Rob: a special COVID-19 project
I recently had the honor of heading up a very special project, partly on a pro bono basis. Back in April, when Dutch hospitals were working hard to scale up ICU capacity to 2,400 beds (more than double their "normal" capacity), a few of my colleagues and I were already tackling the next step: what happens when a patient is discharged from the ICU and ultimately from the hospital after battling this long illness? What kind of care do they need to return to normal life?
My name is Rob, project manager at our office in Amsterdam. For several years, my focus at the firm has been on healthcare and life sciences sectors. On the one hand, I am drawn to the societal component. Healthcare has been facing enormous challenges for some time, and now this crisis is seeing mounting costs and capacity demand. On the other hand, I was pretty much raised in the healthcare sector. I grew up in a family of doctors. My parents run a family practice together, my oldest sister is a physical therapist, and my youngest sister aims to become a surgeon.
Shortly after the coronavirus outbreak in the Netherlands, a few of my colleagues and I created a model to predict the number of COVID-19 infections in elderly care homes in the province of North Holland. No one knew exactly what was going to happen: the extent and speed of the spread of the virus, the impact of the government's response, what treatments would work – just to name a few. A scenario analysis offers clarity in this kind of situation, making it possible to make decisions, strategic and otherwise, even when surrounded by uncertainty. It was partly thanks to our forecasts that care homes in the region were able to continue to provide adequate care to their residents throughout the pandemic.
We got in touch with Rijndam Rehabilitation soon after launching our model, and joined forces to predict how many coronavirus patients, after leaving the ICU, would need specialist medical rehabilitation care. Coronavirus patients have an increased risk of post-intensive care syndrome (PICS). Complaints vary from muscle weakness and malnutrition to stress, anxiety and depression. The PICS risk is reinforced by the long average ICU stays, which entail extensive periods of being confined to the hospital bed, and the relatively older ages of these patients. On top of this, patients are often admitted in acute distress and are subsequently intubated for long periods of time. In order to fully recover, patients enter a rigorous, clinical rehabilitation program once being discharged from the ICU and hospital. For this purpose, our client, Rijndam Rehabilitation, set up a special rehabilitation unit at its clinic. In order to do this, it was essential to be able to predict the capacity demands that were on the way.
Initially, we made a national model based on public data sources. But due to major differences between regions in terms of both the virus's spread and the organization of rehabilitation care, the model could not encompass the entire country. Given our client's focus area, we specified the model for the Southwest of the Netherlands. We had weekly contact with all kinds of healthcare partners in the region, including several local and academic hospitals and a branch organization of care entrepreneurs. But also with specialists, such as rehabilitation doctors, pneumologists and intensivists. Their contributions made it possible to make assumptions in the model and, to the extent possible, test them in practice.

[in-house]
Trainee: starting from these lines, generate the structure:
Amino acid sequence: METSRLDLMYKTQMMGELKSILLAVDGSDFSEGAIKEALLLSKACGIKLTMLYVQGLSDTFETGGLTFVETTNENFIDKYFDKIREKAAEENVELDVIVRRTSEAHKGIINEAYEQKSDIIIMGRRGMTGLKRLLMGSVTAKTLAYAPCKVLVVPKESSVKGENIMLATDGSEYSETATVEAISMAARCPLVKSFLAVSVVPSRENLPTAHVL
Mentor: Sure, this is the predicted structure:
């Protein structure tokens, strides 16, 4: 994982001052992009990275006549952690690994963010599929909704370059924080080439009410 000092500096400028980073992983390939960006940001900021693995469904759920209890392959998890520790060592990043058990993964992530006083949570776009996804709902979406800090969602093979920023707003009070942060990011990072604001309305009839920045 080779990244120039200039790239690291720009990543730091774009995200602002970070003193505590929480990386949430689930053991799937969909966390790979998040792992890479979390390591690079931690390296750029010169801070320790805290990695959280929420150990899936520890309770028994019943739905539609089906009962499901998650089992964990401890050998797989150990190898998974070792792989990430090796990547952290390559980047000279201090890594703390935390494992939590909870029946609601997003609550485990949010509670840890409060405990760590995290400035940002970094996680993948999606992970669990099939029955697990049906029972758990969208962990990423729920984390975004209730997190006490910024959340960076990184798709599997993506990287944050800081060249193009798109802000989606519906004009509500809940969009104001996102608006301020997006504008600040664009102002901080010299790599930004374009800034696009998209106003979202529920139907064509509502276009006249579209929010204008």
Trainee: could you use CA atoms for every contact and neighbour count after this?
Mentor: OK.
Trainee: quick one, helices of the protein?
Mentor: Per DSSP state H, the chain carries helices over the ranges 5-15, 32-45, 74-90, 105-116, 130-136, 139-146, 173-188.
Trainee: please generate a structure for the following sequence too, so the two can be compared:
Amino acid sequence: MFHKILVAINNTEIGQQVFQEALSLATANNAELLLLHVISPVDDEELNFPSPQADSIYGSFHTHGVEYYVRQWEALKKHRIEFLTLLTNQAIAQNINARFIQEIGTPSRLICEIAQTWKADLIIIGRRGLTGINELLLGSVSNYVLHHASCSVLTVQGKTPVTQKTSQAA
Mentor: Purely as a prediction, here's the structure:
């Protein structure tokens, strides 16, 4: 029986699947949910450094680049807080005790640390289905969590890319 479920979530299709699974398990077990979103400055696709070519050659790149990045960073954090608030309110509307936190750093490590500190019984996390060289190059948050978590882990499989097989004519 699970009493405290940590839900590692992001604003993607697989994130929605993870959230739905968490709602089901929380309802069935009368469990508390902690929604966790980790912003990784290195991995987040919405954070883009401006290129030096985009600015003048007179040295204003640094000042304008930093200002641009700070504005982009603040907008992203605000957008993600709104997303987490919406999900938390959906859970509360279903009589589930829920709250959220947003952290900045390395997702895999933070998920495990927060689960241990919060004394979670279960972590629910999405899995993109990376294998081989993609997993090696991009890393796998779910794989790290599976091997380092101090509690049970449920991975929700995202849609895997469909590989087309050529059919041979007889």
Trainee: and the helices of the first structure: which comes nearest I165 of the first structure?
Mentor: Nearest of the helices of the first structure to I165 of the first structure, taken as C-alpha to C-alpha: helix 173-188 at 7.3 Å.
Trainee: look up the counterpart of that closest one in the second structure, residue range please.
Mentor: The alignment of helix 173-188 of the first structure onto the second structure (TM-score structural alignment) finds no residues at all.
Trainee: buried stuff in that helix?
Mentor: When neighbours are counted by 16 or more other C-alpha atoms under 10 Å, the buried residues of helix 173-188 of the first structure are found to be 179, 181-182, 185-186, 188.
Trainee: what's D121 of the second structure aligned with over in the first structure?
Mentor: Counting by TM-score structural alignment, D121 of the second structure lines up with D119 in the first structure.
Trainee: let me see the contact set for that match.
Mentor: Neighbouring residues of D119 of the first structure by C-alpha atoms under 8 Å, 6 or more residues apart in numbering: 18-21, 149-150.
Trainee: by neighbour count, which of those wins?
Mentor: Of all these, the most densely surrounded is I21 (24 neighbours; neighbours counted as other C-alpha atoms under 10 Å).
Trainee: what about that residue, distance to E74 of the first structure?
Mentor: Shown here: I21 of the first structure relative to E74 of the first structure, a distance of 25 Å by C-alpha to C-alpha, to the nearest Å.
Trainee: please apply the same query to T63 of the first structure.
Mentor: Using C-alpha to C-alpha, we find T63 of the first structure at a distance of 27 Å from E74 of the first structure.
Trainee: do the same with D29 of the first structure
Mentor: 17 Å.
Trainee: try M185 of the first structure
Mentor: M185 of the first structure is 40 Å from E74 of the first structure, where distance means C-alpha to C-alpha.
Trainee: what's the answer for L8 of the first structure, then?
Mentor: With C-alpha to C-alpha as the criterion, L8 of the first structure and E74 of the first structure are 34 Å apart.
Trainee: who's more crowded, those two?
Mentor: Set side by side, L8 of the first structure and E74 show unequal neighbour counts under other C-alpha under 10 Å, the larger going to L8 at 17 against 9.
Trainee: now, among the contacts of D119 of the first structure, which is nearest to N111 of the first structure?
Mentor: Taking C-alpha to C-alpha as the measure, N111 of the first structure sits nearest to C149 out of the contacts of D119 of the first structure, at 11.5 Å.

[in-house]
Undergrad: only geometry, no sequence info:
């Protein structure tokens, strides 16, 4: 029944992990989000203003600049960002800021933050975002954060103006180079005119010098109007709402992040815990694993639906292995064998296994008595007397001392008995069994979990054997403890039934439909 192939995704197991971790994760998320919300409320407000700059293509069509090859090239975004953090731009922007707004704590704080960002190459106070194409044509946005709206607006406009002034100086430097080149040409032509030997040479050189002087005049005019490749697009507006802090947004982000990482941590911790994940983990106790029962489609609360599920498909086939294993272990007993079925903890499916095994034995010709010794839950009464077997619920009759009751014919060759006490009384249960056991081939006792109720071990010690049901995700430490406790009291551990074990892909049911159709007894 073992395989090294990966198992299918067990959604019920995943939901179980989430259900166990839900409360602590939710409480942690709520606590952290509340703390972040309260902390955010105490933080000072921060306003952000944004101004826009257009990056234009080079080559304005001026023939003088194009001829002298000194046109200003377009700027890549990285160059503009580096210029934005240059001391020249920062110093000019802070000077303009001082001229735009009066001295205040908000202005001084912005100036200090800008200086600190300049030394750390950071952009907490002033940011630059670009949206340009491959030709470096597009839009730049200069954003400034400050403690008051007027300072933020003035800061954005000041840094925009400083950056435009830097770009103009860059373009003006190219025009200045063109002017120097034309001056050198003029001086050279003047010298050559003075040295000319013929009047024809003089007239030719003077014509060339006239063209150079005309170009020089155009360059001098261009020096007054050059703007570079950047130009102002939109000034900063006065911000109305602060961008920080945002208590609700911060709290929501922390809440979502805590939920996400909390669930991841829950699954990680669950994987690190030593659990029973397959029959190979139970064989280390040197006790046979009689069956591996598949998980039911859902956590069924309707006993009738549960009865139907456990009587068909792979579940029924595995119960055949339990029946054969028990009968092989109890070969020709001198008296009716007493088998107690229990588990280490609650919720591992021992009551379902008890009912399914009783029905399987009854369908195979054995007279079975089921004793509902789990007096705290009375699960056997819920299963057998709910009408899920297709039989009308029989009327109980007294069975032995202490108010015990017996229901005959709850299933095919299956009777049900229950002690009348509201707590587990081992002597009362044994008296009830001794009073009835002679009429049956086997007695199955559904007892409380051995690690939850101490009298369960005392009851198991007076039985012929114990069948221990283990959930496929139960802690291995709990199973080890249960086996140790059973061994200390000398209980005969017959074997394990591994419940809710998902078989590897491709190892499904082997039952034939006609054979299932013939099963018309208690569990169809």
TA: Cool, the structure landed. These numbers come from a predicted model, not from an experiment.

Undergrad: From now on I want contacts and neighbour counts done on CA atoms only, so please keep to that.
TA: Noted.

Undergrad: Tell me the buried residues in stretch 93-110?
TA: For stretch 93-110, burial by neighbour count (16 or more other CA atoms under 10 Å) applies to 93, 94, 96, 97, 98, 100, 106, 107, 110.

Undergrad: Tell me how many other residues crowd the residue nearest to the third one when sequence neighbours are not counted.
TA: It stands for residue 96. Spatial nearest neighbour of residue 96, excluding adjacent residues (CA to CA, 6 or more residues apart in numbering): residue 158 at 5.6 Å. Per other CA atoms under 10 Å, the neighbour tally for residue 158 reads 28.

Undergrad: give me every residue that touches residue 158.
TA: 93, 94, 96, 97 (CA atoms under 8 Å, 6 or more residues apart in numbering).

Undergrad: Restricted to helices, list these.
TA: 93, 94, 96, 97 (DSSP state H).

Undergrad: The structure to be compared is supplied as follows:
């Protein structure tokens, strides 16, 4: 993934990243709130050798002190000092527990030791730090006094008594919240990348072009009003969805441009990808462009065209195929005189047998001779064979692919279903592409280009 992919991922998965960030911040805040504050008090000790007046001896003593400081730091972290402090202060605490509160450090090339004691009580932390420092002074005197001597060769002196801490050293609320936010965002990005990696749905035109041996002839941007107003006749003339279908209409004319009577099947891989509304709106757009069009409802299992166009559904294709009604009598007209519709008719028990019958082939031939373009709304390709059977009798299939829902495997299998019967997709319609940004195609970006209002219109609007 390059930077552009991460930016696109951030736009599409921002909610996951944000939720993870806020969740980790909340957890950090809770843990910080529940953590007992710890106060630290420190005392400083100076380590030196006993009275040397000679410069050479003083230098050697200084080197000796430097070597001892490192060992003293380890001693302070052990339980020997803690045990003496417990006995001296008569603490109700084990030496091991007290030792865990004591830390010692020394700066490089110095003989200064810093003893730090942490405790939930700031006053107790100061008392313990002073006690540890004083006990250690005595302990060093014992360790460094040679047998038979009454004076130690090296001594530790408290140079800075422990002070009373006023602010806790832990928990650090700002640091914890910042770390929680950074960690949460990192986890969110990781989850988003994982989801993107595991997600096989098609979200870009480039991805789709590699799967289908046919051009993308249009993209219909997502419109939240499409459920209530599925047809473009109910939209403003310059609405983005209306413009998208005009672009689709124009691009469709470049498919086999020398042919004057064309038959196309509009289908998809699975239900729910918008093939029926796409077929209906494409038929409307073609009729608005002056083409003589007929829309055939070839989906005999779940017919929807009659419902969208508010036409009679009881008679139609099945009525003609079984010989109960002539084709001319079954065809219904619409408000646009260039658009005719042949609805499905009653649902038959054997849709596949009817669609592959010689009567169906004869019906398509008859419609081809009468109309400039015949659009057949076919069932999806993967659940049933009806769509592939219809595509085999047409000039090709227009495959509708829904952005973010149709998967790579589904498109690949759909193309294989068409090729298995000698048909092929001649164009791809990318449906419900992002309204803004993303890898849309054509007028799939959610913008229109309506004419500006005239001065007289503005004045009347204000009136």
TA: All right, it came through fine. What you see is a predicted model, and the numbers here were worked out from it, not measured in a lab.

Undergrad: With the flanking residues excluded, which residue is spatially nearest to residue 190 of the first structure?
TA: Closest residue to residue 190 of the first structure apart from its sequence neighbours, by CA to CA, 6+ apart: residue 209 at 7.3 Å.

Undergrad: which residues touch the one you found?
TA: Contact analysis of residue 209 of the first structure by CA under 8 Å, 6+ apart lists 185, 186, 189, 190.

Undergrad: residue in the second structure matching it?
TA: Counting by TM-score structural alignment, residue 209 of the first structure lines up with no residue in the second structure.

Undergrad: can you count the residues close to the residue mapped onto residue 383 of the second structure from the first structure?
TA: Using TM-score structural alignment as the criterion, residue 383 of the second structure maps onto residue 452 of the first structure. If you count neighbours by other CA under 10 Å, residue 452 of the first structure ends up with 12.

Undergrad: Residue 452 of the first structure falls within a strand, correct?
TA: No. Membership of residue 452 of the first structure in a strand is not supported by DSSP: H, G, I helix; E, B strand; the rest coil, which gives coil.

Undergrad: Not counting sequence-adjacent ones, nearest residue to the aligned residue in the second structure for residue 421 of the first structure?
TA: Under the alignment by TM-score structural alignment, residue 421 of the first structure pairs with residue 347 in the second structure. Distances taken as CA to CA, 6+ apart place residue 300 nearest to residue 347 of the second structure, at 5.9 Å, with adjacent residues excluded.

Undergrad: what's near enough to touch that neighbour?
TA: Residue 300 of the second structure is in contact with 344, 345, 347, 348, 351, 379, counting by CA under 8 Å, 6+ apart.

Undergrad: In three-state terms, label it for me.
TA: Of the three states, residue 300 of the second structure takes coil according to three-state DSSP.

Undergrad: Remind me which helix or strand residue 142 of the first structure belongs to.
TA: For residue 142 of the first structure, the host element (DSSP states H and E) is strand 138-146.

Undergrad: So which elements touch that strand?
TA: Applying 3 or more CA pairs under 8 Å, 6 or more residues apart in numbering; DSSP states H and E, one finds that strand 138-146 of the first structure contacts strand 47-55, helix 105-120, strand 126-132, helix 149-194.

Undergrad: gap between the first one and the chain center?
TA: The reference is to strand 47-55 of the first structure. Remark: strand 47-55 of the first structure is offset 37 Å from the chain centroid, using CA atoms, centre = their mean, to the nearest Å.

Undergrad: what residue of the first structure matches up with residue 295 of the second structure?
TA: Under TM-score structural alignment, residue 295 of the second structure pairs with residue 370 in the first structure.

The project not only gave Rijndam Rehabilitation an adequate forecast of the capacity demands it would face; it also contributed to our client's internal decision-making. For example, it scaled its dedicated coronavirus unit to 20 beds and developed a so-called coronavirus care pathway. Its admission protocol was adapted to enable more rapid admissions, and also during weekends. One of the advantages Rijndam Rehabilitation had, certainly compared to hospitals and their ICUs, was time. Because of the relatively long ICU stays for coronavirus patients, from the moment of the first ICU admissions in the region, Rijndam Rehabilitation still had about 3-4 weeks to prepare for the additional influx of patients.
If a second wave occurs, we can easily populate our model with new data, such as ICU bed occupancy, in order to estimate (again) how many people will need rehabilitation care. Data from the first wave, such as the probability of survival in the ICU, the average length of ICU stays, and the duration and intensity of the rehabilitation pathways, are used to refine the assumptions in the model. The model is getting better and better as these assumptions become more accurate. If the worst comes to the worst, Rijndam Rehabilitation will be ready once again to take in coronavirus patients after they leave the ICUs and get them on the path to rehabilitation right away.
It was a fantastic project to be a part of, and I am very grateful that I could contribute to its success.